A young woman living at the homeless encampment in south Minneapolis died Saturday from complications resulting from an asthma attack, raising fresh alarms over the health and safety of approximately 300 people living at the large and growing site.
Alissa Rose Skipintheday, 26, was found barely conscious and not breathing last week near the entrance to the camp at East Franklin Ave. and 16th Ave. S., relatives said. She was rushed to Hennepin County Medical Center, where she died on Saturday.
Family members and residents of the camp said Skipintheday suffered from chronic asthma and did not have her emergency inhaler at the time of the asthma attack. She was homeless and had been living at the encampment for several weeks, they said. The Hennepin County Medical Examiner’s office said Tuesday that her death remains under investigation.
“This is a tragic event that is painful for that entire community,” said Dr. Antony Stately, chief executive of the Native American Community Clinic (NACC) on East Franklin Avenue. “It really highlights the critical nature of conditions at the camp and the urgent need for on-site medical care.”
The growing tent city has alarmed local health officials and American Indian leaders, who have been scrambling to find emergency shelter and medical care for the growing number of people arriving at the site, located on a narrow strip of land along Hiawatha and East Franklin Avenues near the Little Earth housing project.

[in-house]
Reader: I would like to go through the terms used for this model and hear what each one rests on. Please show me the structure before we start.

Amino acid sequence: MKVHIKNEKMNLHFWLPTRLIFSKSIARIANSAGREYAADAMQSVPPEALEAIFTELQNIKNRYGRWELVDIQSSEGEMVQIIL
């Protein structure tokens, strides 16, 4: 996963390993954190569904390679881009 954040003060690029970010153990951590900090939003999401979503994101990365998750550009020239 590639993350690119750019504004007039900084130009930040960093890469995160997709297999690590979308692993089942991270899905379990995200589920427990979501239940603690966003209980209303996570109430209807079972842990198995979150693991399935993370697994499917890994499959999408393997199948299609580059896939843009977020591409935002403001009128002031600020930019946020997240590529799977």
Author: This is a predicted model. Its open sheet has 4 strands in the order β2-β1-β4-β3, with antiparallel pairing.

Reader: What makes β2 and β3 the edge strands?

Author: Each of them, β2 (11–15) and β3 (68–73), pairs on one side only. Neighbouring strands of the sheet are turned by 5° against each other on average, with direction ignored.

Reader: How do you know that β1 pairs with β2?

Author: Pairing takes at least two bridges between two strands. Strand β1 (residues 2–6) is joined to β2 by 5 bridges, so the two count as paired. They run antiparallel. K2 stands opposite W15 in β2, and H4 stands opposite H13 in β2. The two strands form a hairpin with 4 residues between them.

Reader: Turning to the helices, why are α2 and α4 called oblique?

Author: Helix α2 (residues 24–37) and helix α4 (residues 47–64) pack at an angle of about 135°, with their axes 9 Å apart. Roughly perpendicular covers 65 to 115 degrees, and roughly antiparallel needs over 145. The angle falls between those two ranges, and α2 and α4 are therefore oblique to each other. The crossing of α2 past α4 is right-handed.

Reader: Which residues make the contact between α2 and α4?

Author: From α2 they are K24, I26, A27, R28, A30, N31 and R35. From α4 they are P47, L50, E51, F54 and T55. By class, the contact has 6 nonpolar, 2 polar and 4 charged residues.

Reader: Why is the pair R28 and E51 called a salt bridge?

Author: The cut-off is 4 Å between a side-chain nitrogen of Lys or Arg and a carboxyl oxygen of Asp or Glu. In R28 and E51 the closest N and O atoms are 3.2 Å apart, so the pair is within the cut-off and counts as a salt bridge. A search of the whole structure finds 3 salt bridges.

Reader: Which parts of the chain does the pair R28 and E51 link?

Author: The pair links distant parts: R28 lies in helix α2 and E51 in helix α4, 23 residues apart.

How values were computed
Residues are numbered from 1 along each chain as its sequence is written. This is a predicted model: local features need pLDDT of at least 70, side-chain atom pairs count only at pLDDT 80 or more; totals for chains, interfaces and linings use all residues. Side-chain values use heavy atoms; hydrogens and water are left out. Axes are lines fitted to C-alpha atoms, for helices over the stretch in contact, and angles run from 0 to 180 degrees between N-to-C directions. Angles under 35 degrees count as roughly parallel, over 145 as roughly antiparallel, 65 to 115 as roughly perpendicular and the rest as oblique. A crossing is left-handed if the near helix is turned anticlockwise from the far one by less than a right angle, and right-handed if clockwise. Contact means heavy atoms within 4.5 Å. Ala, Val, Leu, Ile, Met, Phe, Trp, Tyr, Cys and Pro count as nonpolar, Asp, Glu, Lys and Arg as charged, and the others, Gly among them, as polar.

Despite an intensive outreach effort by a coalition of city, county and American Indian agencies, some residents with chronic illnesses and serious infections are still going without basic medical care. Efforts to bring in a mobile health unit have been held up by regulatory restrictions and liability concerns, say local officials and outreach workers.
Minneapolis Mayor Jacob Frey had pledged to find housing for everyone by the end of September, though that deadline is now seen by many Indian agencies as unrealistic given the swelling numbers of people arriving at the site.
The encampment — which tent dwellers have called “the Wall of the Forgotten Natives” because it borders a highway sound wall and primarily consists of American Indians — has roughly quadrupled in size over the past month. Residents say they are seeking safety in numbers, as opposed to sleeping alone in various spots across the city, as well as access to food, clothing and social services. The camp now has 142 tents, according to a count Tuesday by the Minneapolis Police Department.
The crowded nature of the encampment — many of the tents are less than a foot apart — has health officials worried about the spread of infections and communicable diseases. They have recorded several cases of a drug-resistant bacterial infection known as MRSA, or methicillin-resistant Staphylococcus aureus, which can lead to sepsis, pneumonia, bloodstream infections and death. Residents also worry that ambulances would be unable to reach the tent dwellers in an emergency because of the growing number of tents and the concrete barriers recently installed near the entrances.